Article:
On May 18 this year, in Jarkesy v. SEC, a majority of a three-judge panel of the Court of Appeals for the Fifth Circuit—an appellate court just below the Supreme Court—challenged some of the powers commonly used by the Securities and Exchange Commission (SEC) and other administrative agencies when they charge individuals or companies with wrongdoing.
The SEC’s actions were not unusual for an administrative agency—requiring a defendant to make his case before an administrative law judge (ALJ) instead of a jury—but the court found that under the Constitution’s Seventh Amendment, George Jarkesy, Jr. was entitled to a jury trial, that many ALJs used by the SEC and other agencies were unconstitutionally independent of the president’s control, and that the authority that Congress had given the SEC to choose an ALJ instead of a jury was also unconstitutional.
The case received an unusual amount of attention in the media, largely because the SEC is a powerful agency, and the actions of administrative agencies are seldom found to be unconstitutional by courts below the Supreme Court. But another reason may be that the Fifth Circuit’s decision reflects a general concern in the judiciary about the power of administrative agencies—which many call the “administrative state”—and how they fit into our constitutional system.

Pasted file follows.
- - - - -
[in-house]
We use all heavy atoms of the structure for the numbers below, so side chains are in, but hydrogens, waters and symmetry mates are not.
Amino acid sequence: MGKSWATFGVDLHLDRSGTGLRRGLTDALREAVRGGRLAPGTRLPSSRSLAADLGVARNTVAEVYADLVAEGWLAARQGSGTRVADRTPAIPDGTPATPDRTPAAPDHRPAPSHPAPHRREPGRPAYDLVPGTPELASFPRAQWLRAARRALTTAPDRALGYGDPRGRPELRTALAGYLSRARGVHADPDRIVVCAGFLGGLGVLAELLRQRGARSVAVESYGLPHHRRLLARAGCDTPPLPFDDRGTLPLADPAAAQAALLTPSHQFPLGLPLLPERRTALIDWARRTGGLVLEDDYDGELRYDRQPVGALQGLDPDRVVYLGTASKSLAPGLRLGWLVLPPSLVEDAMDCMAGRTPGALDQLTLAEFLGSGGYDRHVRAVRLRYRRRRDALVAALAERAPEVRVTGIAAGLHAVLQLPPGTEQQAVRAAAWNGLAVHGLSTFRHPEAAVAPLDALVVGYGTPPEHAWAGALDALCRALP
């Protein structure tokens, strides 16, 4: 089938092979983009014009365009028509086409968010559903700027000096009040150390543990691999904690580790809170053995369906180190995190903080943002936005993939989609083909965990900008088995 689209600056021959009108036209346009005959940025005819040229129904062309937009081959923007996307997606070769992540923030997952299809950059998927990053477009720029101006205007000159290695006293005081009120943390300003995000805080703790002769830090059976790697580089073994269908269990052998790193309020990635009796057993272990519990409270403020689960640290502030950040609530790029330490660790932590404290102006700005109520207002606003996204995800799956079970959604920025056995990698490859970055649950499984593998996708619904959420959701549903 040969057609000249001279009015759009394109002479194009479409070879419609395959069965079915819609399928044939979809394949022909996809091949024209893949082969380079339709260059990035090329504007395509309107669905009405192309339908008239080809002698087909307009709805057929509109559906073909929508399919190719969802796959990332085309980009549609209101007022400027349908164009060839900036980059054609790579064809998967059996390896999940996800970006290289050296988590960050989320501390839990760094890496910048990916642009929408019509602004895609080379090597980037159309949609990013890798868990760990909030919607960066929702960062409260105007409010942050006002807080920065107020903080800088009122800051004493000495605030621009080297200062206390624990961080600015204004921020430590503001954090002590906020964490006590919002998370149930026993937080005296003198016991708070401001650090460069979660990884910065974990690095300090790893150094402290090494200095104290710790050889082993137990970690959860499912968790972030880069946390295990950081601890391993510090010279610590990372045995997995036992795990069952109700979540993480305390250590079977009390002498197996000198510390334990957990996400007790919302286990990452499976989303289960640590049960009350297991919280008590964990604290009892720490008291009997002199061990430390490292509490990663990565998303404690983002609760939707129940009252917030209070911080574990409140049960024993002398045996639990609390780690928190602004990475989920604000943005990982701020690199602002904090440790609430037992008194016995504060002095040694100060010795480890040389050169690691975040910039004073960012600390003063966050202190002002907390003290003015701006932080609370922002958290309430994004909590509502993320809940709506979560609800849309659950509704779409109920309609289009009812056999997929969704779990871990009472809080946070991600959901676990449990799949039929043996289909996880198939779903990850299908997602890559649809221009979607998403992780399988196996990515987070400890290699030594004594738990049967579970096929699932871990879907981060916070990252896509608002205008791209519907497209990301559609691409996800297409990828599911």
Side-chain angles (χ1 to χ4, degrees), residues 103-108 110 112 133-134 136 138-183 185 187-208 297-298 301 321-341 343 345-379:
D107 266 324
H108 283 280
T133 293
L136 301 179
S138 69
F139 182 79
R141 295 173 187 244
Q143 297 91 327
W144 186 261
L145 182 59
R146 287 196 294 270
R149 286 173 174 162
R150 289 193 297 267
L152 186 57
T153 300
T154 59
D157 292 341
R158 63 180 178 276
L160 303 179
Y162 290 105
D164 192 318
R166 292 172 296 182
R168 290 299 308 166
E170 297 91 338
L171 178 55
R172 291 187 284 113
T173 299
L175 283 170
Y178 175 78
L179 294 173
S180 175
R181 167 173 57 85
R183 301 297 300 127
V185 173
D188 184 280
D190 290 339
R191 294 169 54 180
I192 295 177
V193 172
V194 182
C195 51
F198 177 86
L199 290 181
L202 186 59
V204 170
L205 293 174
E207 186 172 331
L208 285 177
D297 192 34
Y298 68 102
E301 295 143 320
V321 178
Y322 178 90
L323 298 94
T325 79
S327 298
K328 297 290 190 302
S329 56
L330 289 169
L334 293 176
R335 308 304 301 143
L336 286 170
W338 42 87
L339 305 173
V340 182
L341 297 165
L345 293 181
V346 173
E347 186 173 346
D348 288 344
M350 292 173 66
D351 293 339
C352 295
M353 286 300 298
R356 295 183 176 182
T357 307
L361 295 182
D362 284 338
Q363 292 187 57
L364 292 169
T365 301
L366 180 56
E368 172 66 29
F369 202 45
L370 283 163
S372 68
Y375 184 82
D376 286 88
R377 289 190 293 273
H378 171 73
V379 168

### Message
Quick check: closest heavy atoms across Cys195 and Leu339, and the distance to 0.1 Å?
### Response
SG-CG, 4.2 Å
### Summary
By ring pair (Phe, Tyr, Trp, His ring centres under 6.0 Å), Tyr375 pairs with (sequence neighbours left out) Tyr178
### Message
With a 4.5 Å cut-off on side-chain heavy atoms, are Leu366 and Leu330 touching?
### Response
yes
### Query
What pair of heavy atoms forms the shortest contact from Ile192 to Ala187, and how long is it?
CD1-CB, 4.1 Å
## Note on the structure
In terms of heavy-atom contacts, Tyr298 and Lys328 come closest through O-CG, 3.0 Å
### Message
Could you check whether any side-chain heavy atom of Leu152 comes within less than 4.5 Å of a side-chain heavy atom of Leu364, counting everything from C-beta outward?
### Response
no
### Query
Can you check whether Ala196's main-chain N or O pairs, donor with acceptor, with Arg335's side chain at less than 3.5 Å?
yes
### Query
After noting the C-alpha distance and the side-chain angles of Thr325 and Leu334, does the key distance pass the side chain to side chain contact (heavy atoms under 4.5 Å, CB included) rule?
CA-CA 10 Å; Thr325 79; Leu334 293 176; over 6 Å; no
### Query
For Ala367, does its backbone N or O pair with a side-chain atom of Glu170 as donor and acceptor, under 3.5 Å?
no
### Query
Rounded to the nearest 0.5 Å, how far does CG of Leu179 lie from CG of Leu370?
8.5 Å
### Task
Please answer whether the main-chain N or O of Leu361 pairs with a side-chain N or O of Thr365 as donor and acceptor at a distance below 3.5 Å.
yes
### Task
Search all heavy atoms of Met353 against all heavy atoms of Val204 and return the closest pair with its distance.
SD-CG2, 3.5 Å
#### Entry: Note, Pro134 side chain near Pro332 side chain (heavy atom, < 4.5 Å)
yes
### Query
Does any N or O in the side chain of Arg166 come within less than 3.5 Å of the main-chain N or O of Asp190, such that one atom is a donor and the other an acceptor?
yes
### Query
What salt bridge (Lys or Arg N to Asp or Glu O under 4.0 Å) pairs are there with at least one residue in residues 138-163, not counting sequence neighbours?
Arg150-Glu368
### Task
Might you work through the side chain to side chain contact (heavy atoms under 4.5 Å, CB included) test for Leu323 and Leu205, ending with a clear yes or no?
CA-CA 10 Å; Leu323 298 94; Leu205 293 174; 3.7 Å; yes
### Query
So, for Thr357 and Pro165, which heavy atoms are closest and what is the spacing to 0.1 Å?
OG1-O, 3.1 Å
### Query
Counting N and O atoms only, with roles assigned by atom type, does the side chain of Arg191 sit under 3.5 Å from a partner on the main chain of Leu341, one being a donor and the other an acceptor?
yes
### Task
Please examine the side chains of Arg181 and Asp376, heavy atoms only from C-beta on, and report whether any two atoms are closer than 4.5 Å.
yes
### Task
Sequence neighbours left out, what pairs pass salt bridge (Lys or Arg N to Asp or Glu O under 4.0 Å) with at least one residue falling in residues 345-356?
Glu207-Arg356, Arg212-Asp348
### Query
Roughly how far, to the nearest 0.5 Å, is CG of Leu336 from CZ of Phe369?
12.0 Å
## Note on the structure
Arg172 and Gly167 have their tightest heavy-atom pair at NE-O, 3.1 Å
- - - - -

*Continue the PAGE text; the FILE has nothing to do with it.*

In Federalist 78, Alexander Hamilton argued that the members of the federal judiciary should have lifetime tenure—even in a republic—because the courts are intended to be the “Guardians of the Constitution.” This role, he said, will require an “uncommon portion of fortitude” when judges’ decisions upholding the Constitution conflict with the views of the more powerful elected branches. “Nothing can contribute so much,” said Hamilton, to the judiciary’s firmness and independence as “permanency in office.”
The protests that we see today in front of the Supreme Court, and even at the homes of the justices themselves, amply demonstrate the difficulties the judiciary faces as it is called upon to interpret how various policies fit within the constitutional structure the Framers wanted them to protect.
Chief Justice John Marshall, established the primacy of the Supreme Court, as Hamilton saw it, with the foundational 1803 decision Marbury v. Madison. There, he ruled not only that the Court could declare acts of Congress unconstitutional, but also that courts could interpret the laws. These two points, never subsequently challenged, reified Hamilton’s assertion that judges were to be the “Guardians of the Constitution.”